It’s fall, and we all want to get out to enjoy the vibrant colors of the season. No matter which area of the state you are in, you can find beautiful autumn colors to enjoy. Whether you prefer the comfort of your car or an afternoon out on the trail, this is the post for you!
If you live along the Wasatch Front, you can’t go wrong visiting any canyons that bisect the mountain range. Check out this interactive Fall Foliage Predictor Map to ensure the best color. This post will list all areas starting at the north end of the state and then move progressively south.
Logan Canyon (US-89)
Drive the 41 miles from Logan to Bear Lake to enjoy orange and red Maples and bright yellows of Aspen clinging to the near vertical limestone cliffs. You can enjoy a picnic amid falling leaves at one of five picnic sites, Dewitt being one of my favorites. You can also stroll or bike on the river trail for a more leisurely pace. If hiking is more your speed, there are dozens to choose from. The most popular are Wind Caves (4 miles RT) and Crimson Trail (4.7 miles loop), with views of the canyon that will take your breath away if the climb hasn’t already. Tony Grove has picnic sites nestled next to a lake ($10 day use fee) with a short one-mile hike that circumnavigates the water.
Monte Cristo Highway (Highway 39)
Definitely one of the lesser-known scenic highways. A drive through this 67-mile stretch, you see the brilliant colors of Aspens, Oaks, and Maple. You’ll pass by Pineview reservoir nestled under the peaks of Powder Mountain and Snowbasin ski resorts, then continue the trek following the South Fork of the Ogden River. If you travel the road from mid to late September, take the short side trip to Causey Reservoir, probably the most scenic reservoir in the state. Hike the Skull Crack to see the Kanokee salmon run.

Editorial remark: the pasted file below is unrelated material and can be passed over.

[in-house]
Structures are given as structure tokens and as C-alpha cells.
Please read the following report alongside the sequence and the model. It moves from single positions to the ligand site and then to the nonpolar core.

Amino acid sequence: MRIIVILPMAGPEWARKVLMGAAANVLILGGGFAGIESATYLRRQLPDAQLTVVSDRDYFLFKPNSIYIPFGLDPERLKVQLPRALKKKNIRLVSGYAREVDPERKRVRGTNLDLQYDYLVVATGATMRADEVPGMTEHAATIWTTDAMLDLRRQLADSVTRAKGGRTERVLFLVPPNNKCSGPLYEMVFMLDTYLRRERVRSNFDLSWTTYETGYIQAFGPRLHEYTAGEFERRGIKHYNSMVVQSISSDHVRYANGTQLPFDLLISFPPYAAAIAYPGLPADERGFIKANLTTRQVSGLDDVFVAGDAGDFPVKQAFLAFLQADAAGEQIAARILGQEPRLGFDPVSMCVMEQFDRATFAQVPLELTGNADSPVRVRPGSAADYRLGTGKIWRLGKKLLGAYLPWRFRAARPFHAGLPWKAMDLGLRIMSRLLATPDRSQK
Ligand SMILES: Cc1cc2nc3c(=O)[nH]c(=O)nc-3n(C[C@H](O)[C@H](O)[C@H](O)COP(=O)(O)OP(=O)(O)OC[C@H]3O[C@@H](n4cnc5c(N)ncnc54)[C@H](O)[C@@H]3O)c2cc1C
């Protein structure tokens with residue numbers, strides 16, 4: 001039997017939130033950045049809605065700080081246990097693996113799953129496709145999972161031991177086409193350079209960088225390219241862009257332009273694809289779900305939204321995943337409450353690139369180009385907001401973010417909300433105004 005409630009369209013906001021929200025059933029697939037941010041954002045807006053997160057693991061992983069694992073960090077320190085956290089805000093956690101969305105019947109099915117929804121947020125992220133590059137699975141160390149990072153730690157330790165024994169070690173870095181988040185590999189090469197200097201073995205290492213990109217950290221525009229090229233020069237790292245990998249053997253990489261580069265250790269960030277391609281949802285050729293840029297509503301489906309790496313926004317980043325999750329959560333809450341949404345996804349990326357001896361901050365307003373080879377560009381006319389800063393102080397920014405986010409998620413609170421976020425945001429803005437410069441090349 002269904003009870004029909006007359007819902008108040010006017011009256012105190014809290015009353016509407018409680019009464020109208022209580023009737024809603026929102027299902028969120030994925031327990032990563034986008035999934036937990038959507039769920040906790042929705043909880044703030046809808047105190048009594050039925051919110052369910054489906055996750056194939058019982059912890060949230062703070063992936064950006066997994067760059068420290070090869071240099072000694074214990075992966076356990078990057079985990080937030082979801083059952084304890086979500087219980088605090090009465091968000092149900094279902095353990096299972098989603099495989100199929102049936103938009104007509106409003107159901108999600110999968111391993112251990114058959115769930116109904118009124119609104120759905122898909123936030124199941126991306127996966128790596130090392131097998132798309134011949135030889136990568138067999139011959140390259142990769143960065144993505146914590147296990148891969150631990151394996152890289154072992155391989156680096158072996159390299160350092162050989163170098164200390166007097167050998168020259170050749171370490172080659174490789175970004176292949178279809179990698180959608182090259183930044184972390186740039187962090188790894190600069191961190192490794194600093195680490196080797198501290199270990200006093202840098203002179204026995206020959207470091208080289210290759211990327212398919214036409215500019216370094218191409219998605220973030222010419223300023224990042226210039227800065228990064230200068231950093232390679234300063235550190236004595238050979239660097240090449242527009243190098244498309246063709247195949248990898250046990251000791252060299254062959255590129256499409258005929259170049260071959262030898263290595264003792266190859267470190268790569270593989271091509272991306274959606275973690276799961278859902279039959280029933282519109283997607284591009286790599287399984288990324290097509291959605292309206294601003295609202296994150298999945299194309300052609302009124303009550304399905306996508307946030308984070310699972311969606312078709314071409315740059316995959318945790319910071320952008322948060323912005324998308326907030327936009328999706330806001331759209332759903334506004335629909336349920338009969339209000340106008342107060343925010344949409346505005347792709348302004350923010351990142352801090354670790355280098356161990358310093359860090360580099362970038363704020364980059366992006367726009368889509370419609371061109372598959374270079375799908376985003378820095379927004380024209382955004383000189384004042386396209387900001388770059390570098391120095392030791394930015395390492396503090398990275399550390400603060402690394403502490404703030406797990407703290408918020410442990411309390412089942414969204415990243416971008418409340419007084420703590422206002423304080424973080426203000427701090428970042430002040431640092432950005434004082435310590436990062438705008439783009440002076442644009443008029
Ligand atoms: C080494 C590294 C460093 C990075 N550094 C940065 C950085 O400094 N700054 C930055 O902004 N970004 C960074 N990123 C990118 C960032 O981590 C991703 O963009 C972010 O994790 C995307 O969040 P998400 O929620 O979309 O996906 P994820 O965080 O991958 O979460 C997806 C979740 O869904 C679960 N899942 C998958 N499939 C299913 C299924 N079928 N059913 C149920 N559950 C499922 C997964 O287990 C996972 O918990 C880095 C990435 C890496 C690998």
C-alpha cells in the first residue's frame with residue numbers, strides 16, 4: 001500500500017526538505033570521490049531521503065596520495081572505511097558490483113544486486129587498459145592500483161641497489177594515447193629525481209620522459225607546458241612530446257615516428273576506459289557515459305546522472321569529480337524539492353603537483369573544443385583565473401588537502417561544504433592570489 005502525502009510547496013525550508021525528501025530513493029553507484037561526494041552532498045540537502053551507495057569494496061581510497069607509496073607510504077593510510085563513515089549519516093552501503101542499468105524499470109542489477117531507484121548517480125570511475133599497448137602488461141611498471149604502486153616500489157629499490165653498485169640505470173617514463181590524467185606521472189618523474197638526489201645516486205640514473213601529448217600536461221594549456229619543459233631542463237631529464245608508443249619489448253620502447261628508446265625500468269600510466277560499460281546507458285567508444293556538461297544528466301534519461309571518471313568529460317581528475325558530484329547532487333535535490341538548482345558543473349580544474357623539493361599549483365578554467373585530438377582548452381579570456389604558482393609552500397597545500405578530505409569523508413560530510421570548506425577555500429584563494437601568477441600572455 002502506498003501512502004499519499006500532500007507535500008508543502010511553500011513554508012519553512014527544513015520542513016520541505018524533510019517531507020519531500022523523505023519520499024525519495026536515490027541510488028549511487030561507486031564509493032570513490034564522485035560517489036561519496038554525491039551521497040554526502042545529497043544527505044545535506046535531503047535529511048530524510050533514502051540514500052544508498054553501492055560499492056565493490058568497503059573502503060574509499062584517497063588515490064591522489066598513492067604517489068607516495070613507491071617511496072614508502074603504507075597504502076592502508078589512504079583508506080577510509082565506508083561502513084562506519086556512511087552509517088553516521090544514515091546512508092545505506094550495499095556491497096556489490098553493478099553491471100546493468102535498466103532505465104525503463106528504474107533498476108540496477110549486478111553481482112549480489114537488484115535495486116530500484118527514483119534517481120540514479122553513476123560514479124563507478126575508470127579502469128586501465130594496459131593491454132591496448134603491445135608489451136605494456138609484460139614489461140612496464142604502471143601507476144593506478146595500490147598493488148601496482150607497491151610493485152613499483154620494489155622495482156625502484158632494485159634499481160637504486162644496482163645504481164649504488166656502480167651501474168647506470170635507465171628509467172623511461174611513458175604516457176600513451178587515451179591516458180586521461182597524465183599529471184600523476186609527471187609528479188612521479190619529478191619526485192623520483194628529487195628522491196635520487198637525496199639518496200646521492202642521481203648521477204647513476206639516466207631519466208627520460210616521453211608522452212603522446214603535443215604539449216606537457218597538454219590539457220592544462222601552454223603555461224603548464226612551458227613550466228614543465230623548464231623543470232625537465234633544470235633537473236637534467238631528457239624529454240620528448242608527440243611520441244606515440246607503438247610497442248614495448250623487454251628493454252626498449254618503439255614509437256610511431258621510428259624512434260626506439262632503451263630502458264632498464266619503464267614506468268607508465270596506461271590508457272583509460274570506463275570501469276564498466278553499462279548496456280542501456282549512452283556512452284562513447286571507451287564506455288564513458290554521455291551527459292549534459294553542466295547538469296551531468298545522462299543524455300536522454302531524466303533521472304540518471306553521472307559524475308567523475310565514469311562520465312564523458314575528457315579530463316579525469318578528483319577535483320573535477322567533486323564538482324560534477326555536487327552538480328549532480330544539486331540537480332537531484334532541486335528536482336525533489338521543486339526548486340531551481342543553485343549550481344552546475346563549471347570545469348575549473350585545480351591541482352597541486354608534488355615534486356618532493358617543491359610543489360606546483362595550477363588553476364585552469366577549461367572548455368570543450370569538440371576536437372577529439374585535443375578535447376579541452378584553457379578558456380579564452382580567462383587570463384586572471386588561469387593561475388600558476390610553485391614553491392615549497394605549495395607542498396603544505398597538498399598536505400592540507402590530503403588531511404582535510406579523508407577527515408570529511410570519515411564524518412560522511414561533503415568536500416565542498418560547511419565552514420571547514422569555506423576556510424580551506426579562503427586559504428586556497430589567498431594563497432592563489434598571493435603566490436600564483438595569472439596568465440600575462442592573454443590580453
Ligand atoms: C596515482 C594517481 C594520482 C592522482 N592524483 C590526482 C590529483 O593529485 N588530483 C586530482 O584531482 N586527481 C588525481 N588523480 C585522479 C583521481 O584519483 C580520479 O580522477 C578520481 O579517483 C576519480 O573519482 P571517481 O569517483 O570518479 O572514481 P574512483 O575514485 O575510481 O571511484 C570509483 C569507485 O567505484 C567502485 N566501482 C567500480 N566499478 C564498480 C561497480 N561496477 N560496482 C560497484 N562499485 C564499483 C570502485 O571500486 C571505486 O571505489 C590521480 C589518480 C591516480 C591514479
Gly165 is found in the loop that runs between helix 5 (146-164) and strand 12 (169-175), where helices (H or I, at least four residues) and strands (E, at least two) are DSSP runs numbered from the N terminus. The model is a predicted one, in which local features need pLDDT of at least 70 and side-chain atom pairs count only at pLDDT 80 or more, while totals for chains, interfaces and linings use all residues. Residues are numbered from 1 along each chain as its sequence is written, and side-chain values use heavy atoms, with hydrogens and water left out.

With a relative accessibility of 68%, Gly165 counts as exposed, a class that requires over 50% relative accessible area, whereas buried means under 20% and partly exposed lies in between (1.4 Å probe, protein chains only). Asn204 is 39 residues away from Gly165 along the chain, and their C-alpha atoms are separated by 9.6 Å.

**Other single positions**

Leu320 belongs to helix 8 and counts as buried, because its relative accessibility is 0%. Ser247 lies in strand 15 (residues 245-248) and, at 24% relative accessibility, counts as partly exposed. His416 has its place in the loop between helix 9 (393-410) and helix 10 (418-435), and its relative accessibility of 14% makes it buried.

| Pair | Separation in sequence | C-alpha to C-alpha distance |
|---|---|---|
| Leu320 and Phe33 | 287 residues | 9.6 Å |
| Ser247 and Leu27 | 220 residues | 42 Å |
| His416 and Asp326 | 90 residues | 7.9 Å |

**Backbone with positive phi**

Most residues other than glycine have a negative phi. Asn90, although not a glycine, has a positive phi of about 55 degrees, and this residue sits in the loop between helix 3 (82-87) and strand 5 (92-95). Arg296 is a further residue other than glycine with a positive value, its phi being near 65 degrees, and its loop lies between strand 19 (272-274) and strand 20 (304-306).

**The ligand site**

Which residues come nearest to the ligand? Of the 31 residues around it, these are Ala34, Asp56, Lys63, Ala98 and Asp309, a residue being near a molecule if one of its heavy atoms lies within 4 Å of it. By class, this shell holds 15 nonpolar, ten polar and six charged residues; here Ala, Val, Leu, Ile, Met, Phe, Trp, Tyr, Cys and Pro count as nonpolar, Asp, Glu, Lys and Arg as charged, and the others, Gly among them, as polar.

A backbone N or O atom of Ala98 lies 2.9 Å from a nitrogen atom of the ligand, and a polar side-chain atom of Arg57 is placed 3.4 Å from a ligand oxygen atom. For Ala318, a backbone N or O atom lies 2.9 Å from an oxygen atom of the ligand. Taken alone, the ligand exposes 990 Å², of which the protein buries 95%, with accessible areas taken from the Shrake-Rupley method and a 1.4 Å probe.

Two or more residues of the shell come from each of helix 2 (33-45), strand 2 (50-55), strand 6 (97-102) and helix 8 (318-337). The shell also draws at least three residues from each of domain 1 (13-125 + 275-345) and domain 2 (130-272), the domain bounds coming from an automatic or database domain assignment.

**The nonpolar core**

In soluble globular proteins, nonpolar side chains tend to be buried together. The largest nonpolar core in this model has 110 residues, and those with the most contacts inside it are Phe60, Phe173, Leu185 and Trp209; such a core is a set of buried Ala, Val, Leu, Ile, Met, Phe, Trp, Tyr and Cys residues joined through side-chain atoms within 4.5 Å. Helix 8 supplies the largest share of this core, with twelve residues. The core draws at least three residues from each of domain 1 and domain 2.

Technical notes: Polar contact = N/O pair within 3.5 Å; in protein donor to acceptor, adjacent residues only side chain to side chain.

Big Cottonwood Canyon over Guardsman Pass to Midway (Highway 190)
Ever since Guardsman Pass was paved in the fall of 2018, this drive has become an increasingly popular trek to experience fall colors. The drive up the canyon is bursting with color. As you crest the pass, you are treated to views reaching as far as the Uinta mountain range and Wyoming on a clear day. The spectacular drive doesn’t end there because you can continue your drive down towards Midway and Wasatch Mountain State Park. Big Cottonwood Canyon is a mecca for hiking with its many trailheads. Some of the most popular trails are great choices for leaf peeping, but you really can’t go wrong with any of them. The Silver Lake trail (1-mile loop) is accessible for all abilities and has picnic sites and bathrooms. Other popular trails include Lake Blanche ( 7 miles RT – hard), Donut Falls (1.5 miles RT – easy), and Willow Lake (2.8-mile loop – moderate).
Pro tip: No dogs are allowed (even in your cars) in either Big or Little Cottonwood Canyon because of the watershed. Nearby Millcreek canyon is a great choice to bring along your pup.
Alpine Loop and Cascade Springs (State Road 92)
This glacial carved canyon covering 27 miles from American Fork Canyon to Provo Canyon offers vibrant fall colors contrasting with evergreen trees nestled below the iconic Timpanogos Mountain. This is arguably the most popular scenic drive in Utah for fall colors and is definitely worth the hype. If you plan on driving through, there is no fee, but if you plan to stop to picnic or hike, there is a $6 fee or free with the America the Beautiful Pass. Also, the road is very narrow with some tight turns, so vehicles over 30 feet are not recommended.
Some great stops along the way are Timpanogos Cave National Monument (reservations recommended), Cascade springs (7.5-mile detour) rated for all abilities, Sundance Ski Resort for lift rides and other activities, and Bridal Veil Falls, which has an all-accessible paved path (in Provo Canyon). The Alpine loop is a popular hiking destination with many trails. I recommend Stewart Falls (3.4 miles RT – moderate) and Primrose Overlook (3.6 miles RT – moderate).